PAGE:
To Drive a Tractor

To Drive a Tractor

November 22nd, 2019

New, it’s worth a half-million bucks. It’s ten years old and now goes for less. Given the current state of the farm economy, you might snag it for closer to $300,000. Regardless, it’s still the most expensive vehicle I’ve ever driven.

This city-dweller had always wanted to drive a tractor. A real tractor. A steel behemoth. One of those you can spot from two miles away lumbering across the rural horizon.

So, when a farmer offered me the chance, I jumped at it before he could rethink it. His farm is a six-hour drive and a world away from where I live. The land is open and flat and interspersed with marshy wetlands, rolling hills, and steep creek valleys lined with oaks.

You should be aware his tractor doesn’t have wheels. It has tracks and looks like big construction equipment you see at a an urban construction site. It’s golden yellow, Caterpillar-powered, and runs on B20 biodiesel.

It’s overwhelming‒especially when this trusting fellow is turning you loose in his big, complex machine. Over the years, I’ve driven vehicles of various size and cylinder count, but nothing like this. A voice in my head whispered “Insurance coverage?” as I attempted to absorb his tutorial.

The farm was in the height of harvest when I arrived. Crunch time. A race against Mother Nature. As a non-farmer, it felt to me like familiarity, fatigue and worry. The farmer, his elderly father and a hired man were pushing for a finish line they didn’t yet see. Their harvest came on top of a long, rough 2019 crop year. To myself, I promised to: 1) do no harm; 2) not break anything; and 3) save them time, not make more work.

Tilling in fertilizer was my job. Behind “my” tractor, I pulled a gigantic rake of claws and spinning disks you’d never want to find yourself under. In the pecking order, I sense this is the lowest job. Not that it isn’t important. It’s just hard to damage manure.

Auto-steer is the coolest part of modern farm equipment. Whatever you’re driving is tied via satellite to pre-recorded field locations. Staring at a map on a screen, you steer until an arrow aligns with a blinking line on that map. Push a button, let go of the wheel, and the entire machine immediately, magically pulls onto that line. After using it, I’m thinking self-driving cars might be possible!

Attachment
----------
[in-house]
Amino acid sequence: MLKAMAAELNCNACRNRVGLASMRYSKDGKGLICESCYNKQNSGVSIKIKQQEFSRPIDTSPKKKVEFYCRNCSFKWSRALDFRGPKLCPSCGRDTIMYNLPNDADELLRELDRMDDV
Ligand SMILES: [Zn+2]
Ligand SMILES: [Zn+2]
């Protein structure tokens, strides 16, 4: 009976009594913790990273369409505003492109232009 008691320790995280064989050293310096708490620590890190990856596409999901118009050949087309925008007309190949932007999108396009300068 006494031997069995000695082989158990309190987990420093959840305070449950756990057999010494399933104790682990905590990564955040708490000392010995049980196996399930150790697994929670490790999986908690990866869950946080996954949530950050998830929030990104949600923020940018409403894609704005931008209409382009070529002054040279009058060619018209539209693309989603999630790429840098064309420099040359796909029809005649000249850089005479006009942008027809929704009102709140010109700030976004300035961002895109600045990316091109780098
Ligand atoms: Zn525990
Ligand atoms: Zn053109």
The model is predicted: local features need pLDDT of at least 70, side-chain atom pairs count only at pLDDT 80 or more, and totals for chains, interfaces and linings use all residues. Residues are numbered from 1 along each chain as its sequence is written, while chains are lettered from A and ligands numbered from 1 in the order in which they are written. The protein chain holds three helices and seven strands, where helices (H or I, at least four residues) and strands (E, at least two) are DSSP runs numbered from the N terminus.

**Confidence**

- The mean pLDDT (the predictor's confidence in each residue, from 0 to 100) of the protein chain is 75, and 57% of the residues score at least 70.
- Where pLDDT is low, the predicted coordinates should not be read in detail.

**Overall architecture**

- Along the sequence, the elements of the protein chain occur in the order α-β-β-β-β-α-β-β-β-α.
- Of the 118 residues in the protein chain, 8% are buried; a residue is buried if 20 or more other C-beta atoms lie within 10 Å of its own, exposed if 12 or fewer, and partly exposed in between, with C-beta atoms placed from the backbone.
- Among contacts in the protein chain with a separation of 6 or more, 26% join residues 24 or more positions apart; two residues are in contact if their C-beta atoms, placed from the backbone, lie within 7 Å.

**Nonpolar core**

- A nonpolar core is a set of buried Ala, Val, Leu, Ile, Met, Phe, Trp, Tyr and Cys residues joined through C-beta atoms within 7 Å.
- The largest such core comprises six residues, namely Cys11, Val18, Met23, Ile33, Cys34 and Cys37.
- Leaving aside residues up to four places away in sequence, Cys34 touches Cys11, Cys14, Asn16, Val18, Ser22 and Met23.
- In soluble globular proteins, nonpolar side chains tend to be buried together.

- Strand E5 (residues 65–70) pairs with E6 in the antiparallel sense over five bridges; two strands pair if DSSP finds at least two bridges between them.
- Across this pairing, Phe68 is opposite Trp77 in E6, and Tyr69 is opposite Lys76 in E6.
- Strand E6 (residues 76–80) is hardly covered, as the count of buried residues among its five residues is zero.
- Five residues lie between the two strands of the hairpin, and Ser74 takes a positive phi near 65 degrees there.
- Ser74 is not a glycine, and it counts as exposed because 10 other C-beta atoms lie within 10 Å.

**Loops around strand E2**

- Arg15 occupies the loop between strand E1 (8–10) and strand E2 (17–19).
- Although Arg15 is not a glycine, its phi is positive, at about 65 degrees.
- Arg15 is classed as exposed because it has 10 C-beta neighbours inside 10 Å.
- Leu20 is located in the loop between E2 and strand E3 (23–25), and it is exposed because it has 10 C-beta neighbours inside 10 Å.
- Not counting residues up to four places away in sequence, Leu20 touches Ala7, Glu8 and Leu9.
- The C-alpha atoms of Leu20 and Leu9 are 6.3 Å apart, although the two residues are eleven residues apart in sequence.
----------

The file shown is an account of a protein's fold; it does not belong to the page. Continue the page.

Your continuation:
Pro Tip: Don’t touch the controls or auto-steer cancels and it’s all you. That means veering off, missing a patch, and needing an extra, wasteful pass.

Crossing a field at six miles per hour in 10th gear, a screen continually tracks your progress in real-time. At the end of a line, you slow, turn, find another line and push the button again. When you’re running out of field, the system screams at you. That took getting used to. Ignore those warnings and I think you crash into the trees. I didn’t test it.

The fertilizer I tilled into the soil was turkey manure from barns operated on the farm. It didn’t smell as badly as you’re imagining. Really. A separate crew spreads it on the harvested fields. Then, tilling incorporates it into the soil in a replenishing of nutrients. Later, turkeys are fed what is grown here. And starch from that corn is converted to fuel ethanol we motorists use every day.

The beauty of the land and renewable lifecycle had me thinking of the people who have maintained this land’s 150 years of productivity. Driving home, I fueled up with E15 Unleaded 88 at the Shakopee HyVee. Silly, I suppose, but I now have a deeper, personal connection to making that a fuel choice.